The 8" x 2"s and 9" x1 1/2"s are far too wide for me to flatten over my beautiful old Woodfast 6 inch buzzer. While I have a 15 inch Thicknesser, the creation of the first flat side on these wider sticks has to be done by hand in the absence of a big buzzer. My trusty Stanley No.5 1/2 jack plane and I were working hard on the long 3.0m sticks, with the aid of a pair of winding sticks - but it worked a treat. Mind you, some of the more badly distorted sticks felt the bite of my old electric plane when I had to remove a serious amount of waste! The 9" x 1 1/2" sticks were so badly distorted, I would be unable to get a flat 3.0m length at 25mm thick, the required thickness pre-glue-up. So I had previously docked these into 1.2m lengths, ready to make into shelving. They were still really wild sticks! So to flatten them I made a cradle to which I attached by screws the ends of the short wild sticks, such that the twists and bows were suspended on the average. Creating a sort of lowest common denominator. The whole cradle was then passed through the thicknesser until a flat face was created. After being unscrewed from the cradle, each stick was then put through the thicknesser to the required 25mm. Most of these sticks made it, too. Their previous wild behaviour revealed the most beautiful figure and grain patterns in these nice boards. The cradle method was good for the wide 1.2m sticks, but would be no good for the 3.0m sticks. These would require lots of grunt with the jack plane and or the electric plane in order to establish that first flat face. Thankyou winding sticks! One thing about old painted timbers - it's hell on the machines' knives. After I had put all the big sticks through the thicknesser, it's knives were pretty shot! Time to sharpen those and the buzzer knives again.

Making the vertical ends panels.
Firstly the timber for each of the four end panels was selected, and the edges prepared ready for jointing. The front edge piece on each panel is a heavier section than the panel behind it, as these front edges are to have a nice art-deco type rounded profile shawed from them. All the edge butt joints were to be strengthened by the use of a 1/4" x 1" plywood tongue, with the grooves cut by a slot cutter bit in the router. They were then glued up using a heap of sash cramps and with the wonderful Titebond 3 glue.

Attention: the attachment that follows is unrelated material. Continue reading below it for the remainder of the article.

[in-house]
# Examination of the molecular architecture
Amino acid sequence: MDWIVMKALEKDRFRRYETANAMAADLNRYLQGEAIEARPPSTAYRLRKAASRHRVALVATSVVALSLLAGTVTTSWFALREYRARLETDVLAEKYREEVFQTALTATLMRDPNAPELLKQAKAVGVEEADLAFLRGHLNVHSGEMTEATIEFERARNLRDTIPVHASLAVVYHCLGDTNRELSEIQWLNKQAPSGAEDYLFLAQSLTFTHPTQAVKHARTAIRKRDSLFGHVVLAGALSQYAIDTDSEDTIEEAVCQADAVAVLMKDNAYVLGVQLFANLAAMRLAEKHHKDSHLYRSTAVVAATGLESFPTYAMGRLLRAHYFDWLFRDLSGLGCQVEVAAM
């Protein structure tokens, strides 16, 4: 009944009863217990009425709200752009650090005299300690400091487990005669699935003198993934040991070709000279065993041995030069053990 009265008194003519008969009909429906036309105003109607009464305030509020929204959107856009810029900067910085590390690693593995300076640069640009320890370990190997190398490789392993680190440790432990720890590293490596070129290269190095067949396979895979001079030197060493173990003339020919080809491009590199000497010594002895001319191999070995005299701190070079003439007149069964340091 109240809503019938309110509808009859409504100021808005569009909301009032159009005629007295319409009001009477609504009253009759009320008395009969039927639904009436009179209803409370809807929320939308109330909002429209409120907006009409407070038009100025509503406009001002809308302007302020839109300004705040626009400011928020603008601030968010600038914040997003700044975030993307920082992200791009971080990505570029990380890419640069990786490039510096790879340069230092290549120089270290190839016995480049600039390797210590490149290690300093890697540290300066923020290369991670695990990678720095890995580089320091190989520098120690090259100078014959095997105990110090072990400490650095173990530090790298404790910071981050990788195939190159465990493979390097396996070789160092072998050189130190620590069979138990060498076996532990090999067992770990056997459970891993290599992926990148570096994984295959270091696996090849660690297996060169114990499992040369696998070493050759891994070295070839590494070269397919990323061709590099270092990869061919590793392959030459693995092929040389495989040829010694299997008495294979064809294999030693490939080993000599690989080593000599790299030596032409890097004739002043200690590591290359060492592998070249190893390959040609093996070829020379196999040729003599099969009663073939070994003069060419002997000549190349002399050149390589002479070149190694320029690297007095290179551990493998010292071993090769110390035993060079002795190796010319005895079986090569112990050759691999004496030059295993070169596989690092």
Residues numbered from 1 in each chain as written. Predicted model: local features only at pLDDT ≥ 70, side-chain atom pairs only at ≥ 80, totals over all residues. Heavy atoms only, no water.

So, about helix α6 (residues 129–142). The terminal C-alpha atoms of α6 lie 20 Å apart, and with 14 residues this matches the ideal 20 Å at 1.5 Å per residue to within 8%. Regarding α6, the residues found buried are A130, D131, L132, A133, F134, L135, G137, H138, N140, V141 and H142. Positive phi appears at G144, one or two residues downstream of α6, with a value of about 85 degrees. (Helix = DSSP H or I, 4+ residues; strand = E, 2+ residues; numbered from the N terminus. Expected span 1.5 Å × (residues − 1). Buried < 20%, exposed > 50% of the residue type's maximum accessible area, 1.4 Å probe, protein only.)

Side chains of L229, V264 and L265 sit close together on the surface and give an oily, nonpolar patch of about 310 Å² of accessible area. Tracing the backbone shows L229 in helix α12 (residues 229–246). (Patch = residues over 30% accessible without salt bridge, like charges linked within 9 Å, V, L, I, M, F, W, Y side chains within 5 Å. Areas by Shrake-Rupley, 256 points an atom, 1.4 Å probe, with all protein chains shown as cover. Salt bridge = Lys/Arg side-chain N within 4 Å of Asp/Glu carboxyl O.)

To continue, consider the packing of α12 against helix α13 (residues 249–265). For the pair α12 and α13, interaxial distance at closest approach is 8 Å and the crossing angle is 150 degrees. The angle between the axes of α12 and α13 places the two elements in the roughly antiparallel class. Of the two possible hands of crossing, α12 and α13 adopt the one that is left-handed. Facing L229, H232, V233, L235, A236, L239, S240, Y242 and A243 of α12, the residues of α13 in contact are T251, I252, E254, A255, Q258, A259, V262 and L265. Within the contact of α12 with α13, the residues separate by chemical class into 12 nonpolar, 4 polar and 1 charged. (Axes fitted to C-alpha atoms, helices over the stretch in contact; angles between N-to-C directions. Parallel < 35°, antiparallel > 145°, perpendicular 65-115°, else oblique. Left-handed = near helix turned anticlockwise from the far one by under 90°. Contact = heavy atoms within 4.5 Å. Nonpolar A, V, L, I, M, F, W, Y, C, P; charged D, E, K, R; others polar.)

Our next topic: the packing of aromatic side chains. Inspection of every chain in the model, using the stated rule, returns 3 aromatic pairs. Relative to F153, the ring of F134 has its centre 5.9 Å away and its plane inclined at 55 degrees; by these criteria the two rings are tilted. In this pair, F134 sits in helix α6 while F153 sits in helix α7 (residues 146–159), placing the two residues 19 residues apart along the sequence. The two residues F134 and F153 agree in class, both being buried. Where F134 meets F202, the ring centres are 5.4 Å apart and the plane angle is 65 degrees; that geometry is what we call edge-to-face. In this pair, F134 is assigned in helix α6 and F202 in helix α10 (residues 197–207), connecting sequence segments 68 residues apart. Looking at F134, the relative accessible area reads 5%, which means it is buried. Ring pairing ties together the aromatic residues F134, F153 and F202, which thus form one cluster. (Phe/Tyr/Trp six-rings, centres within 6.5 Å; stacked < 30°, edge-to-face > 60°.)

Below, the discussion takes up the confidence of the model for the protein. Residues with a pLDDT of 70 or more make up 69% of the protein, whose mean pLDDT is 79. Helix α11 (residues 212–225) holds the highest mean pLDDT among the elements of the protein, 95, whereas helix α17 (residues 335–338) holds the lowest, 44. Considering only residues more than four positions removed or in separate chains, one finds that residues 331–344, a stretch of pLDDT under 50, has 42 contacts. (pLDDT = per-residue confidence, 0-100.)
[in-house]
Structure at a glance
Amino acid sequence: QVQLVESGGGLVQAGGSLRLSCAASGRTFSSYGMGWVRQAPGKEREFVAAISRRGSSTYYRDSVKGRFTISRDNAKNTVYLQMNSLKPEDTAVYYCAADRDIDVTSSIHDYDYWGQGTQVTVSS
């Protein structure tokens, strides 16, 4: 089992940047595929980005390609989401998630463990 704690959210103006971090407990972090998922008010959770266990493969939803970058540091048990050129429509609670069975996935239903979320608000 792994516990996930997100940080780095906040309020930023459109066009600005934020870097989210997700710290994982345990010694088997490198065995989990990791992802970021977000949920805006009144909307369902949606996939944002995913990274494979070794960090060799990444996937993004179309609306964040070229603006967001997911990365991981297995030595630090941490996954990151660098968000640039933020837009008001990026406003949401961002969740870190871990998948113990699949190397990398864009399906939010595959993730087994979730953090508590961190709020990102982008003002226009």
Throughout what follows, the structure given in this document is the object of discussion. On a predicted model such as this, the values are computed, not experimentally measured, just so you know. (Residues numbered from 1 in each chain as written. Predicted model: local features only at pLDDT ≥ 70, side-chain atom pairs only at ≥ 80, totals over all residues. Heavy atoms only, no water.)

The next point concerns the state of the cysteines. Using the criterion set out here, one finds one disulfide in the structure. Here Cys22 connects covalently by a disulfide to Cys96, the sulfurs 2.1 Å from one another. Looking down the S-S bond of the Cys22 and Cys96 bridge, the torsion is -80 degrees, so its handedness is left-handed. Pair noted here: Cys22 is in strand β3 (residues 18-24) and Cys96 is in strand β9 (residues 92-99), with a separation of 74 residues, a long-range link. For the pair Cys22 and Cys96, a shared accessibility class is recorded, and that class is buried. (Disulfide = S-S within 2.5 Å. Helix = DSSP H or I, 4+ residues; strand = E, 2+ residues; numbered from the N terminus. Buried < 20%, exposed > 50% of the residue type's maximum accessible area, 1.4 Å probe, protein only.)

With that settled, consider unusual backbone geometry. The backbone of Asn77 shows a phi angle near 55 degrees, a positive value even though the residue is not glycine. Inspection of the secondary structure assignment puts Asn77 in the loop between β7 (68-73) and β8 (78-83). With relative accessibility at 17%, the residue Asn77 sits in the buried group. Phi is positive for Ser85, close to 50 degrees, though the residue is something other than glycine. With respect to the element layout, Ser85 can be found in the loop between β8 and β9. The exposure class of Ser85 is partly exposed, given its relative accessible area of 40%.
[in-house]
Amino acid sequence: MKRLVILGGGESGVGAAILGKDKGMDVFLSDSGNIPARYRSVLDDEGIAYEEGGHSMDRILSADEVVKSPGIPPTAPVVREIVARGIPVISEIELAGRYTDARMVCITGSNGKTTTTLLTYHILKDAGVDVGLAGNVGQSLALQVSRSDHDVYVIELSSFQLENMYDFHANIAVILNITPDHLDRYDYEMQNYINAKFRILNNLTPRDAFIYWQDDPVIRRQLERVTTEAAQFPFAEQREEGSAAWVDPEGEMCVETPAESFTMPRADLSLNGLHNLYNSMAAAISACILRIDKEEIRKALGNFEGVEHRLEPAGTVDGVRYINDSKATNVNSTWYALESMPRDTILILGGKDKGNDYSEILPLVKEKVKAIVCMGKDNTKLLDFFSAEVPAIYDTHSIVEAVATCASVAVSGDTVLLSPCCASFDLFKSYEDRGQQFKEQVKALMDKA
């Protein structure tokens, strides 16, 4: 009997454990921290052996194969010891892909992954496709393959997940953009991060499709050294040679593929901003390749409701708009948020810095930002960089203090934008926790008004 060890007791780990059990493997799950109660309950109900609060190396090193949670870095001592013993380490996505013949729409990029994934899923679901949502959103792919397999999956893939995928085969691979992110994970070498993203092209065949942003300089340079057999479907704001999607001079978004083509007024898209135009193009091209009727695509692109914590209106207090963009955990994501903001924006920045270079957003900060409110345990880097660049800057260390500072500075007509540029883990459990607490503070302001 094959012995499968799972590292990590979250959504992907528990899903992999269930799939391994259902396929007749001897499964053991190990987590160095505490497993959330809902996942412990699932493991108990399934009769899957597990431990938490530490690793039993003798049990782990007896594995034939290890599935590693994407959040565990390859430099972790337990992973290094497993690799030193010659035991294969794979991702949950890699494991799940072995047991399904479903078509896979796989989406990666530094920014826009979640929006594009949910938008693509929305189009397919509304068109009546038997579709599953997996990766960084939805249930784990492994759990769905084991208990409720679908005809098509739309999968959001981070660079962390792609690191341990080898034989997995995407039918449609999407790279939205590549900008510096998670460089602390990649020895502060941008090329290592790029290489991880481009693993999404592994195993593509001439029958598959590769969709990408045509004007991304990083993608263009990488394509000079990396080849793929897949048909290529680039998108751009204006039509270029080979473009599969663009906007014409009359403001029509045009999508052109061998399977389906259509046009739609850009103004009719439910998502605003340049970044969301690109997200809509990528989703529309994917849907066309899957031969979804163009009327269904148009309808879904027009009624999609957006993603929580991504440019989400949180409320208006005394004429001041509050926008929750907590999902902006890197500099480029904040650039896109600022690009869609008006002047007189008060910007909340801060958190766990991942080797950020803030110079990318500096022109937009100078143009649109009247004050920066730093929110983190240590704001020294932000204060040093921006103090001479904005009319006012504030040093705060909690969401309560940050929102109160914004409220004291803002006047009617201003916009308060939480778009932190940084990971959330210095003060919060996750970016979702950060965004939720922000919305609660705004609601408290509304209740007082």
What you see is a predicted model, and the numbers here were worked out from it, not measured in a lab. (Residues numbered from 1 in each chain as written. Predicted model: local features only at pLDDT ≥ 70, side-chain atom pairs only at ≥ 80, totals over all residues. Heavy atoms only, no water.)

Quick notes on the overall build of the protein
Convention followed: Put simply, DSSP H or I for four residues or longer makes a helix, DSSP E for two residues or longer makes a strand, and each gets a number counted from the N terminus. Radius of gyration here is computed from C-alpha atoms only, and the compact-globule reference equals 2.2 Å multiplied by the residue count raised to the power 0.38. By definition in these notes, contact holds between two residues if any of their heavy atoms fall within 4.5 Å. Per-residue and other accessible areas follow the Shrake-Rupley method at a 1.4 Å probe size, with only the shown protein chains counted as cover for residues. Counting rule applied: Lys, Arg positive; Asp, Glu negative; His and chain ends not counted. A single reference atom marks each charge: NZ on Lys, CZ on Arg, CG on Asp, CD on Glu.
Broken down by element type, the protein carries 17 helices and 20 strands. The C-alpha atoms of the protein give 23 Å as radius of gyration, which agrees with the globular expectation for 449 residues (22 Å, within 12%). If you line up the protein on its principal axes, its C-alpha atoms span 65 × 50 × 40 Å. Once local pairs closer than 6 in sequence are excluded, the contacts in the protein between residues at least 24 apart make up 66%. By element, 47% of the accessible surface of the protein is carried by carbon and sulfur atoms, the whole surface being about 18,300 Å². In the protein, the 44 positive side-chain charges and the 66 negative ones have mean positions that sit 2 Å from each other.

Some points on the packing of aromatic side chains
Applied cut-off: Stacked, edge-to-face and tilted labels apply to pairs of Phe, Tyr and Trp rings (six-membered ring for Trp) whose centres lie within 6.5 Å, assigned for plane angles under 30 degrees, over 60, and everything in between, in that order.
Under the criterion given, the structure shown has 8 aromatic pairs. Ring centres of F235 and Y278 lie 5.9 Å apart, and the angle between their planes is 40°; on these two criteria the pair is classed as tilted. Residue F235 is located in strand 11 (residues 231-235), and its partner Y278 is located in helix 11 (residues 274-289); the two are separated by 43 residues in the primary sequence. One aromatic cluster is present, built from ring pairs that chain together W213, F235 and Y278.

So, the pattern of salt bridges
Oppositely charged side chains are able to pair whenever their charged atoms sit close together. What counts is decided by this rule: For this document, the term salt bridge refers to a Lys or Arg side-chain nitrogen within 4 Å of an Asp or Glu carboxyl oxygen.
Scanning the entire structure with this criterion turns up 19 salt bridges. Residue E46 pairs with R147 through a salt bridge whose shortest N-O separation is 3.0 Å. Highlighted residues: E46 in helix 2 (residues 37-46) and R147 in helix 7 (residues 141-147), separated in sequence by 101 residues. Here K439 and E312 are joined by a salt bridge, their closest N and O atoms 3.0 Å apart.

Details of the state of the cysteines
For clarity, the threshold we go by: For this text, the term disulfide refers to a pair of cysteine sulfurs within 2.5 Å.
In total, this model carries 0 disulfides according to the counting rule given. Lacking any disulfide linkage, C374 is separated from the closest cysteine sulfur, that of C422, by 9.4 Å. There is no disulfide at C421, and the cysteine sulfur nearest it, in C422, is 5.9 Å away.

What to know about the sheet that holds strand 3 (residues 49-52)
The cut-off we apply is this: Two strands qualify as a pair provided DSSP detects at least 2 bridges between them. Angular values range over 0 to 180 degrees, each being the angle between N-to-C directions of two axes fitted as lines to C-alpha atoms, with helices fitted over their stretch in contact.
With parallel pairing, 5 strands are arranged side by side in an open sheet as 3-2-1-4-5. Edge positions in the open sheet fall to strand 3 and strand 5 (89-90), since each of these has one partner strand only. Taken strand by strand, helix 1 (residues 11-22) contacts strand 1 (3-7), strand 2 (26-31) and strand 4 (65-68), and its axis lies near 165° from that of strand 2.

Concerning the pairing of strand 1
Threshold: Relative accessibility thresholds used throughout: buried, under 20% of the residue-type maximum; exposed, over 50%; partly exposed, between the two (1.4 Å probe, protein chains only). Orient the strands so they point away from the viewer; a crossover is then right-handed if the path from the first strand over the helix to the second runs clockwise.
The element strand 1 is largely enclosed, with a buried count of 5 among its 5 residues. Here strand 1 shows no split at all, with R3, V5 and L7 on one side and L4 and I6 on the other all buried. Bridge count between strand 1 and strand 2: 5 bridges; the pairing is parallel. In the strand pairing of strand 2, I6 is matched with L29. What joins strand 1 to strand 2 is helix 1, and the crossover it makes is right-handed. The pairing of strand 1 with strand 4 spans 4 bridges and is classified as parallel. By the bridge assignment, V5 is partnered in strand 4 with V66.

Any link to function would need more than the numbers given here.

One of the narrower end panels cramped up.
With the panels glued up, the next thing to do would be to create the nice curved front edges. With this done, the next step was to dock the end panels to length. The shaping of the rounded edges, with a 40mm raduis curve, is a story in itself, told previously in this post: Several steps to create nice a nice curved edge.
Some of the end panel off-cuts, showing the curved built-up front edges and the tongues.
The end panels were docked at 2665mm long - just under 9 feet long each.
Making the shelving. 
Meanwhile, the timber for the shelf panels were being made. The timber was selected with the aim being to match the colour, grain and figure as much as possible. Using the same tongue and groove method using those beautiful 1/4" ply tongues, the shelves were glued up.

Selecting the timber for similar colour, grain and figure. 
Three of the glued up shelves. Awesome timber, eh? Such nice wood!
The shelves are now glued up, ready for ripping to final width and docking to length. However, first the end panels would need to have their housings cut ready to take the tops, bottoms, and fixed shelves. That story will be told in a future post.

Keep an eye out for further posts as this project unfolds...

Saturday, June 18, 2011

Several steps to create a nice curved edge.

They say variety is the spice of life... so my work load is pretty spicy!
I am currently making a big Break-Fronted Art-Deco Style Bookcase from recycled timber. My customer Norelle has been doing a big renovation on her house, which was built during the Art-Deco era here in Perth, Western Australia. The timbers removed from the house were fortunately saved, as Norelle was keen to have them recycled into furniture rather than going into landfill which is tragically too often what happens around here.

This piece of furniture is going to be a stunning feature in the living room. At 3.3m long (about 11 feet) and 2.8m high (over 9 feet) it will take up a big piece of wall. It will be made up of three sections each 1.1m wide, sitting on a plinth, and topped with a crown mould which echos a detail in the neighbouring architraves' tops. The nice curves on the face edges of the end panels and the break-front panels will help give it that art-deco feel. These will also be reflected in the plinth and the crown mould.

The Challenge.
It's those curves which were the challenge before me. When the 25mm thick end panels were glued up, these included a broad edge strip which beefs up the front edge to 50mm. A butt joint strengthened with a spline of 1/4 inch ply. The splines were also used to joint the middle end panels to bring them to the required 300mm width. Nice. I would normally cut the groove on my table saw, but as the sticks were so heavy I used a 1/2 " x 1 " slot cutter in the router.
It is this broad edge strip which would enable me to create the desired curve. See the plan below:

Having glued up the end panels, the challenge was to create the curve with a 40mm radius. I don't have a spindle moulder (shaper) with a whopping great 40mm radius cutter, and such a cutter would be too big for a router. So it would come down to a combination of hand and power tools to create the curve. There were 4 end panels to shape the curve on, each along more than 9 1/2 feet of hardwood.